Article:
Mike Ybarra, president of the video game developer Blizzard, told employees Thursday that the company’s partnership with Chinese video game distributor NetEase was ending due to a misalignment in principles and approach. In an email viewed by The Washington Post, Ybarra granted employees at the company a more candid assessment of the breach between the two companies, which will result in Chinese gamers losing access to “World of Warcraft” and other popular titles like “StarCraft” and “Overwatch 2.”
“Every few years we review our agreements with them. We have been working through this process in good faith to extend our existing agreements,” Ybarra said. “However, their approach was not aligned with our commitment to players, employees, and our operating principles.”
In the email, Ybarra wrote that the company plans to suspend new sales in China in the coming days, and will notify Chinese gamers about next steps. Still, the local releases of “World of Warcraft: Dragonflight,” “Hearthstone: March of the Lich King,” and season 2 of “Overwatch 2” — content that was planned for this year — won’t be affected, according to the email.
“Hearthstone,” “Heroes of the Storm” and “Diablo III” will also end operations in China. The only title to remain unaffected is the mobile and PC title “Diablo Immortal,” which was covered under a separate agreement.
Ybarra also wrote that esports partnerships and programs in China would be affected. The licensing agreement between Blizzard and NetEase ends on Jan. 23, 2023.
NetEase sent out an email blast Wednesday evening informing media that “there were material differences on key terms,” and that the two parties could not reach a deal. The press release noted that the licensed Blizzard games “represented low single digits as a percentage of NetEase’s total revenues and net income in 2021 and in the first nine months of 2022.”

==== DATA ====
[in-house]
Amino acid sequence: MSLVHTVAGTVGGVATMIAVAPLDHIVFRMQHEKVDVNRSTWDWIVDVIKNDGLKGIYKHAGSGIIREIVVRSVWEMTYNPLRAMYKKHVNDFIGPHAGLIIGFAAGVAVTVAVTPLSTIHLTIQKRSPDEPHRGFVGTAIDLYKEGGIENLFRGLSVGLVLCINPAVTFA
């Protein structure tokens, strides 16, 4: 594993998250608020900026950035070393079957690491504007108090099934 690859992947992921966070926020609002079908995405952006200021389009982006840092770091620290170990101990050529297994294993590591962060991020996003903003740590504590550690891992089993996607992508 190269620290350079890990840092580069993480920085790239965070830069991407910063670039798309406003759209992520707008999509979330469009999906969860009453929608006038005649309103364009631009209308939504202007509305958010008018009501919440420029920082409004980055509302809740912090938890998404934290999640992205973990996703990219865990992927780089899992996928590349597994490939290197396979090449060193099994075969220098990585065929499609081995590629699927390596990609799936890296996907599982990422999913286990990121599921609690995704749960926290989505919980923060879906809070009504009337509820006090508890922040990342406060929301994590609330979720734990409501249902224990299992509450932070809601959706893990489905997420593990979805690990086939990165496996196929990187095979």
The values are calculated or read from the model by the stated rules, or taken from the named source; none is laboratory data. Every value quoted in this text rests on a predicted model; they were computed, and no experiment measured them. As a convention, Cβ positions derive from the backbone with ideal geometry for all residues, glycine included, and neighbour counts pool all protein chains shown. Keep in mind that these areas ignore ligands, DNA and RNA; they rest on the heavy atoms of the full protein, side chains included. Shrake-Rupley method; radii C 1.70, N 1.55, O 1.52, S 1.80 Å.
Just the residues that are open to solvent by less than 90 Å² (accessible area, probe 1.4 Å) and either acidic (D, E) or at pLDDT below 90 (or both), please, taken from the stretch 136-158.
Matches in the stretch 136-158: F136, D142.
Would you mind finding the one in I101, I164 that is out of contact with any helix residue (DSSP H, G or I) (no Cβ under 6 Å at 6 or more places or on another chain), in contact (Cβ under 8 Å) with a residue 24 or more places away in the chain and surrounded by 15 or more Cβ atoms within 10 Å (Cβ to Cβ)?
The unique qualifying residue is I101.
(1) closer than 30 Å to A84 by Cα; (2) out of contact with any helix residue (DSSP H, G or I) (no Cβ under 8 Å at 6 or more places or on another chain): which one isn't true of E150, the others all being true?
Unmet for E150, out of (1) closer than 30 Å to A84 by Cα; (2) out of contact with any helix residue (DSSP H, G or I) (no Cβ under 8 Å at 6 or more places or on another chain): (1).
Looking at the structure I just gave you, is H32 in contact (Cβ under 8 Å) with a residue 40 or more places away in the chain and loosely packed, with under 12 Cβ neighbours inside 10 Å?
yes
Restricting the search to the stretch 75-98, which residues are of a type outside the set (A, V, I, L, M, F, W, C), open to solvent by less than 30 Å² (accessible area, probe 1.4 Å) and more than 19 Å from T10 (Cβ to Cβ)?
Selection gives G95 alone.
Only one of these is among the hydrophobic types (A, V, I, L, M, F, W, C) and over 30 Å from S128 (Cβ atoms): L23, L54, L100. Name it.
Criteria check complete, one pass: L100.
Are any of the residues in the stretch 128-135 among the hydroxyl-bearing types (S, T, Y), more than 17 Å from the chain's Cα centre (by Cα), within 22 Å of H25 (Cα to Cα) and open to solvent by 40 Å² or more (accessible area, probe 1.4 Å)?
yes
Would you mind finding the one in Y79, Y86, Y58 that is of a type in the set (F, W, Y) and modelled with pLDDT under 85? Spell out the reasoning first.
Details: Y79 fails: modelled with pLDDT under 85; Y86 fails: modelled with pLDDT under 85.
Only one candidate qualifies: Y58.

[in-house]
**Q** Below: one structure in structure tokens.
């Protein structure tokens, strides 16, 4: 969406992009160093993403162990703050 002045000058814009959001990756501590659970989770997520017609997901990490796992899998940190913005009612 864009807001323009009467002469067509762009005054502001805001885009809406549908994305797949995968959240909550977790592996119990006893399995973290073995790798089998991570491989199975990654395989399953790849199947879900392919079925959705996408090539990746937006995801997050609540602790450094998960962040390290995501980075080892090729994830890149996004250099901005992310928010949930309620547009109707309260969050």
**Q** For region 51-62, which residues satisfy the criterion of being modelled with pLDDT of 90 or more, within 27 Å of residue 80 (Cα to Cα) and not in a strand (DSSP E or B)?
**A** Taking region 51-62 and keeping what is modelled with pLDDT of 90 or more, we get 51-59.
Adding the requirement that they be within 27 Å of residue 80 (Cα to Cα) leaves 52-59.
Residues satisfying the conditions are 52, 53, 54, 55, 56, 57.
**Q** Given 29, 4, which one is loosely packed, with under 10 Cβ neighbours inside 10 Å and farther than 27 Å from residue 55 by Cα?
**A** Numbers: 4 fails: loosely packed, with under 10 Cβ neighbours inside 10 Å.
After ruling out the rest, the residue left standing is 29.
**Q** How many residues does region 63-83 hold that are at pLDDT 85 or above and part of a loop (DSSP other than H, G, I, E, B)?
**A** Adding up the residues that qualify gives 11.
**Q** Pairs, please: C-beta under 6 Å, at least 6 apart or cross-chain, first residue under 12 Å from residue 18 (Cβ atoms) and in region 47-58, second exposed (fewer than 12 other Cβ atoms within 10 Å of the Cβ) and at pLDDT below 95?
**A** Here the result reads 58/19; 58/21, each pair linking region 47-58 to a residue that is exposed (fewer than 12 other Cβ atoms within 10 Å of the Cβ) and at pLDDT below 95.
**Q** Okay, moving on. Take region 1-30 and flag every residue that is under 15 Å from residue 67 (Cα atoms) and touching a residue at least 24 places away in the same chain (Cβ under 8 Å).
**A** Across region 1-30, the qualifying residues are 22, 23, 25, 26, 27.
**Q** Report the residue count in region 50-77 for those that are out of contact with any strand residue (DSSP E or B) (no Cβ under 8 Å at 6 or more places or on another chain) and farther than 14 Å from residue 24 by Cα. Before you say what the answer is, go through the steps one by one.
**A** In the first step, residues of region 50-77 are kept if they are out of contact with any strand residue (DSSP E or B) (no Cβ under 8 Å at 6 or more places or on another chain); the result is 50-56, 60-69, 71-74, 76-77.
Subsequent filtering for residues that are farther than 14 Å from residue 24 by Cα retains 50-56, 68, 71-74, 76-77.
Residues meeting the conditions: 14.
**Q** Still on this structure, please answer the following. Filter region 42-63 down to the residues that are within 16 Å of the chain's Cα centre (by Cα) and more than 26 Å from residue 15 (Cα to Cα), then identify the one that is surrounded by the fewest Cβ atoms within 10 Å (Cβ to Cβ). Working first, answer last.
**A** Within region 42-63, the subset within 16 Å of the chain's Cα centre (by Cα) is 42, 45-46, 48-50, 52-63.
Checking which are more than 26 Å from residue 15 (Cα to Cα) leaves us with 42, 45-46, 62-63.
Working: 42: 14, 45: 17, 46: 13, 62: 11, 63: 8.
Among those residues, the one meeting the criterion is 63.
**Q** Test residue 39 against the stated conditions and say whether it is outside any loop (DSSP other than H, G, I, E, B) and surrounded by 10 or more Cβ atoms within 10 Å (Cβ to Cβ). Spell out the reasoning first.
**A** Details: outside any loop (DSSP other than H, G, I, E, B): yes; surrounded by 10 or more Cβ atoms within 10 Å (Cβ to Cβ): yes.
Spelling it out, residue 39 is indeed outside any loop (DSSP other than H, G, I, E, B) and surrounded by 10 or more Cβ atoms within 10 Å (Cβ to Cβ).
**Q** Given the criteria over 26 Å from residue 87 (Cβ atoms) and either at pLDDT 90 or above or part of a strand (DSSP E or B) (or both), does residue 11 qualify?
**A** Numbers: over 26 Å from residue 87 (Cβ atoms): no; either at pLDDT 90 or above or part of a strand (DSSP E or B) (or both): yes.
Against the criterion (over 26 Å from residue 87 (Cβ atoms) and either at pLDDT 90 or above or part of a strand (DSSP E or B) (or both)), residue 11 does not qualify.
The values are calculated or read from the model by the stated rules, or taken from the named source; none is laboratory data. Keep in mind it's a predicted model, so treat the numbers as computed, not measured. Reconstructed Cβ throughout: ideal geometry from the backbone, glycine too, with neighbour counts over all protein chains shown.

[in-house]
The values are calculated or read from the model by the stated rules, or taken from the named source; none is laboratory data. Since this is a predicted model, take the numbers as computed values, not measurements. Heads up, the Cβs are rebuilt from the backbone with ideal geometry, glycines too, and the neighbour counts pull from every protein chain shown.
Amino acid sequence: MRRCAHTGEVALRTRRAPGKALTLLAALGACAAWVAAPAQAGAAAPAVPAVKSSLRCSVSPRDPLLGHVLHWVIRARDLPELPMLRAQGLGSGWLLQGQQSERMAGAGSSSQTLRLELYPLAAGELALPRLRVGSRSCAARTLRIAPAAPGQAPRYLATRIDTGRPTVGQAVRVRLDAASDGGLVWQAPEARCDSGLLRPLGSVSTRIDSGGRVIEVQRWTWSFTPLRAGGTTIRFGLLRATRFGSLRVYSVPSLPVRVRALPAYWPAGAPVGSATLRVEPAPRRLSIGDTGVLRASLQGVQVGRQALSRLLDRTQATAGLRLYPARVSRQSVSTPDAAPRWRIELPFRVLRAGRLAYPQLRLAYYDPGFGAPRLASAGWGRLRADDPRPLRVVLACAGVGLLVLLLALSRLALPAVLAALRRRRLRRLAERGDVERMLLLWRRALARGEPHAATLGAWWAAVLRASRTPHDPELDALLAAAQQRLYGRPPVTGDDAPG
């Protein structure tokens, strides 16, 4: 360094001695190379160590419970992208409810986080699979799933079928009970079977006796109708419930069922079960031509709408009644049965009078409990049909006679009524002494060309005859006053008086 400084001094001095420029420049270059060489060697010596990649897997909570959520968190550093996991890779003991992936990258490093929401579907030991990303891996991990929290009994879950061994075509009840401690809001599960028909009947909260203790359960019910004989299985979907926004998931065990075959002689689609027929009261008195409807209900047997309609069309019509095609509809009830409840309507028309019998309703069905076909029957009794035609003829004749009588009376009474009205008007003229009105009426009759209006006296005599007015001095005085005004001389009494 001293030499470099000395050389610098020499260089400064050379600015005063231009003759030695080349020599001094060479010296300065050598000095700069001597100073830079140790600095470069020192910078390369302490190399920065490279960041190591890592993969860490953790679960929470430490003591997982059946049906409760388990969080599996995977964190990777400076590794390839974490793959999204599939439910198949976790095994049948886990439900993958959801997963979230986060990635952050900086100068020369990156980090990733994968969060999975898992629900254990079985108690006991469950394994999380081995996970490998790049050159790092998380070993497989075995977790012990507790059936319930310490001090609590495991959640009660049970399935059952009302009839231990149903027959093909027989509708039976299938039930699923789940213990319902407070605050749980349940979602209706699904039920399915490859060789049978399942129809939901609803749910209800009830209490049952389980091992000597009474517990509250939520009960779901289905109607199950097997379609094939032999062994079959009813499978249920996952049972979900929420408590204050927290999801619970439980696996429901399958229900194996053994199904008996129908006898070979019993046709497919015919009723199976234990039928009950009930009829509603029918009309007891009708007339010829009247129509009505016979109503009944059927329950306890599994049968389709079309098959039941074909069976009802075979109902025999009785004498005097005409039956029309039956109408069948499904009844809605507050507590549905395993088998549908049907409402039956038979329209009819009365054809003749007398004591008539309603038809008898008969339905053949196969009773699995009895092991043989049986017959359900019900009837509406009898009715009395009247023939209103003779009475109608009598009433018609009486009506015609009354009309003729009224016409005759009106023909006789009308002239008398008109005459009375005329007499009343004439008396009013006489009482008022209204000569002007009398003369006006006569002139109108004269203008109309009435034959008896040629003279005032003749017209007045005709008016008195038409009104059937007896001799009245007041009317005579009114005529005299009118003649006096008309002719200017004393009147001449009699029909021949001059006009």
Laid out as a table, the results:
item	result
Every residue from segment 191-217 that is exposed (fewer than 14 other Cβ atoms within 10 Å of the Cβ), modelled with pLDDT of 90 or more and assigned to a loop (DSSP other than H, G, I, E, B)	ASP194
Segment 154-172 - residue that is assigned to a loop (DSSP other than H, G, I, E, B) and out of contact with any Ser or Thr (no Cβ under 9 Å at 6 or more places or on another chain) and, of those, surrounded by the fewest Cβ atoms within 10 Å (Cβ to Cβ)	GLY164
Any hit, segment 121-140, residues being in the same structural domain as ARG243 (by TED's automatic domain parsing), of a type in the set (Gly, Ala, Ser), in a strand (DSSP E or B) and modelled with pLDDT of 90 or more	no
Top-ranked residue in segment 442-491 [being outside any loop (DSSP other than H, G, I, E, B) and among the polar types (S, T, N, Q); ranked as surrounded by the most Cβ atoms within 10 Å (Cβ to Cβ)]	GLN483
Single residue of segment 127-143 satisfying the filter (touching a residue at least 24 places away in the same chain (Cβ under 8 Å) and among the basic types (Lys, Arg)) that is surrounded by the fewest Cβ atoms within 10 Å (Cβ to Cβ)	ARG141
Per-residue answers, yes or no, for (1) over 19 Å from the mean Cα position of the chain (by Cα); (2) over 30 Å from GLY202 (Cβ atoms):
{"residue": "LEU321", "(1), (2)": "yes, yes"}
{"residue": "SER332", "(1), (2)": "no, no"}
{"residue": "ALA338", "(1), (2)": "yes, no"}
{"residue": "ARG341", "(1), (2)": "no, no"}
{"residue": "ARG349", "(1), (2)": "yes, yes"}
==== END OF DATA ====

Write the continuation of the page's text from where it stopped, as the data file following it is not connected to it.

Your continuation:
NetEase stock shares plunged 15% in Hong Kong after the news.
NetEase’s head of partnerships Simon Zhu wrote in a LinkedIn post Thursday that “one day, when what has happened behind the scene [sic] could be told, developers and gamers will have a whole new level understanding of how much damage a jerk can make.” Zhu said he was also a gamer who spent ten thousand hours in “WoW,” “StarCraft” and “Overwatch” and that he was “heartbroken” over the prospect of losing access to the games next year.
China is a significant market for Blizzard. The company noted in a Securities and Exchange Commission filing on Thursday that NetEase’s expiring contracts constituted approximately 3% of Activision Blizzard’s net revenues in 2021. This comes out to $264 million, given that Activision generated roughly $8.8 billion in net revenue last year.
The PC title “World of Warcraft” rose to popularity in the mid to late 2000′s, when China’s 15-year ban on consoles was still in effect. In recent years, video game companies in China have felt pressure around strict laws dictating which kinds of new games can be approved for release. Tencent, a prominent Chinese multimedia conglomerate, reported its first decline in revenue in August, falling 3 percent to a total of $19.78 billion, with gaming revenue declining 1 percent.
Activision Blizzard is set to be acquired by Microsoft for nearly $69 billion by June 2023, pending regulatory review.
This is a developing story and it will be updated.